Remember when we used to make fun of that one person who always shared photos of their food on Facebook? Right. Today so many people fashion themselves food critics on Yelp or share their photos on Instagram that now a restaurant's popularity may hang in the balance of whether or not its food makes for a presentable Instagram photo. Foodies, is this what we've come to? Goodbye, Food Network: Hello, food networking.
Reporter Tracie McMillan has spent a lot of time analyzing what Americans really do with their food - how they get it, and where it goes. And she has come to some interesting, and occasionally counter-intuitive results.
I'm sure you have seen the headlines. "Americans Waste 40 Percent Of Their Food." It catches your attention, doesn't it? And it feeds perfectly into the image of the fat, wasteful American. But who ARE these people who are throwing away almost half of the food they buy?
There are plenty of homophobia, racism, sexism and other 'isms' to go around (I always wonder why homophobia isn’t called homism or something instead, since these people are obviously full of hate rather than fear, although I suppose that’s where the hate stems from…), but if you’re expressing any of these things you’re likely going to get called out on it by somebody. They are slowly, slowly dissipating in this country, which I’m grateful for yet very impatient with, since this is two thousand bloody twelve and progress seems to take centuries.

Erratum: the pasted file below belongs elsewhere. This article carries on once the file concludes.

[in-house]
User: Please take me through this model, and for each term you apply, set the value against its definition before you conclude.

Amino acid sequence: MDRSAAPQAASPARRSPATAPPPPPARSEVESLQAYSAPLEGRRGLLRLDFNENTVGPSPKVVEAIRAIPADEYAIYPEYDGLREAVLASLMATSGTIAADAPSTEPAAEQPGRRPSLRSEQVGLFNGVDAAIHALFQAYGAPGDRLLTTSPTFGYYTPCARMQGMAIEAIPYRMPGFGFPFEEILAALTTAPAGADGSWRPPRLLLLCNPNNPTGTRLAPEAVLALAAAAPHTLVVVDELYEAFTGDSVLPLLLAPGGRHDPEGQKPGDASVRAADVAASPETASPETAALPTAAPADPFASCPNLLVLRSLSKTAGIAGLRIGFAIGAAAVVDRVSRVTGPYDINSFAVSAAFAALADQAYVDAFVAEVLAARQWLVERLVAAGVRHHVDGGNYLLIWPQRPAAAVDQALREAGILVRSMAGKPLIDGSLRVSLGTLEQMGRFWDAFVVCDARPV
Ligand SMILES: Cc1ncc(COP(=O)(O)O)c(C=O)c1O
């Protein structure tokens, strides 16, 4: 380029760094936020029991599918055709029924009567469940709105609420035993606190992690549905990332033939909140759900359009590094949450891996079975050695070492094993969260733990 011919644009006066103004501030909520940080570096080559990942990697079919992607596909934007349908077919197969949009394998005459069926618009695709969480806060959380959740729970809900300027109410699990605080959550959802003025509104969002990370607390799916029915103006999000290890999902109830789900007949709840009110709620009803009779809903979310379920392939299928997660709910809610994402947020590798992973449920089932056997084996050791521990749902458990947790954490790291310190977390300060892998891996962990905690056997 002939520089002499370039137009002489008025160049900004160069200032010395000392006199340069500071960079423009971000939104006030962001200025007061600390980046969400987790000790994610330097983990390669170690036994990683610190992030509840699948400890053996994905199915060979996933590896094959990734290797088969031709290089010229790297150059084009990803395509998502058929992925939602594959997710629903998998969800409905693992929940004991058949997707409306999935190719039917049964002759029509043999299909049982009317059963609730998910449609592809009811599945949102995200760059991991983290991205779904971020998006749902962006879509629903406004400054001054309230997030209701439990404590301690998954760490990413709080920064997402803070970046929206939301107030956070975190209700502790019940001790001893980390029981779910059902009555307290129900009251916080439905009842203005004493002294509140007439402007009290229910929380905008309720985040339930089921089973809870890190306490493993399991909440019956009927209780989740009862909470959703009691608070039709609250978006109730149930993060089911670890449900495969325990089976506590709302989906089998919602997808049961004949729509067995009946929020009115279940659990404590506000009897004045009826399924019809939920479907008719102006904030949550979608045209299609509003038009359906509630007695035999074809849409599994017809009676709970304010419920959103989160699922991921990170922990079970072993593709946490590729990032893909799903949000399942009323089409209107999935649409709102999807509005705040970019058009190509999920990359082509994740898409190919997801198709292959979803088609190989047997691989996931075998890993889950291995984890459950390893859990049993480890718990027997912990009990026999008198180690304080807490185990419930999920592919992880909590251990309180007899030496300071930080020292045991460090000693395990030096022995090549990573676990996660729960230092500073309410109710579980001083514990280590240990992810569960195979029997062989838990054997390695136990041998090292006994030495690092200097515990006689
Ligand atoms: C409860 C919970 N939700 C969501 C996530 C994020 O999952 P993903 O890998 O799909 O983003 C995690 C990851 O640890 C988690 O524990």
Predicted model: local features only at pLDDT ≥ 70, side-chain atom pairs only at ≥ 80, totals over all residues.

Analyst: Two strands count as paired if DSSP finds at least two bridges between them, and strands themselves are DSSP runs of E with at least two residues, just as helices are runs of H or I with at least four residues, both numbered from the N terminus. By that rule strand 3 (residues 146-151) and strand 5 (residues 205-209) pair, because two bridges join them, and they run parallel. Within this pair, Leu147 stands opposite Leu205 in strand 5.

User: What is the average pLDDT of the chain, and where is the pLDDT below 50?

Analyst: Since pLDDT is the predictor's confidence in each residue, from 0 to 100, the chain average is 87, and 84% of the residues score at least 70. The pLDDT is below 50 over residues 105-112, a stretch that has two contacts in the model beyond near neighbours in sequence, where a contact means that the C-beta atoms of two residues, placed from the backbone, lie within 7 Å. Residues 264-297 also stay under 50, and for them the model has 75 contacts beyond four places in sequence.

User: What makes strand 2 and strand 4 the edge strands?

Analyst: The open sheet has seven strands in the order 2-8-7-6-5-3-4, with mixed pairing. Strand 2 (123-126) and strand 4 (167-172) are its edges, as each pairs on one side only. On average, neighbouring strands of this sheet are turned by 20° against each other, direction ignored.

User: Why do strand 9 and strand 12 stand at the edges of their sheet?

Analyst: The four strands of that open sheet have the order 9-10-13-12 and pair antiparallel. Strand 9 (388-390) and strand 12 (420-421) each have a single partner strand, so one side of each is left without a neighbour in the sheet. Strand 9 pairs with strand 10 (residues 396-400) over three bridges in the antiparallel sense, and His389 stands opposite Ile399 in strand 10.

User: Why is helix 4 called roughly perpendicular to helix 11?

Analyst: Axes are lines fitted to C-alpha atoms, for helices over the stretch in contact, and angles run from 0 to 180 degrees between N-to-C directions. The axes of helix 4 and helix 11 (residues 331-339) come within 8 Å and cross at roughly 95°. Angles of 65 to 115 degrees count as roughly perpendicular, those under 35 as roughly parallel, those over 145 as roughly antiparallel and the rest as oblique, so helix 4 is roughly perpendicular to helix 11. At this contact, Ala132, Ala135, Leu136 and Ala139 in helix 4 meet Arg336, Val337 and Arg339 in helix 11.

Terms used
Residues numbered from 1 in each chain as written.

But if you express hate for people who are fat, by George, you’re in good company. It seems like being fat is the one thing that everyone can agree is BAD in America—not using (or letting teens use) cancer-causing tanning beds, not smoking, not drinking, but simply being fat—and it’s the one thing people are banding together to hate in droves. I can be a feminist, an LGBT marriage supporter, a progressive activist for the environment and health care—but people from all of these groups and more will wrinkle their noses at me and ask me if I’ve thought about getting my stomach stapled.
Believe me, I have. Every fat person has, so why ask? Do you think we really don’t know we’re fat?
Live Below the Line is a charity with an objective to raise awareness on poverty. Participants of this challenge are to live on $1.50 for food per day for a total of five days. That's only $7.50 per person total for the five days.
I agreed to be a part of this challenge when asked by BzzAgent. I have two daughters, which means that the three of us must live on $ 22.50 for the duration of the five days. My hypothesis is that we will be able to eat three meals a day, but they won't be foods that are considered healthy. I'm making this hypothesis based on my observations within the grocery store. Healthy foods tend to cost much more than quick foods, which have little to no health benefits.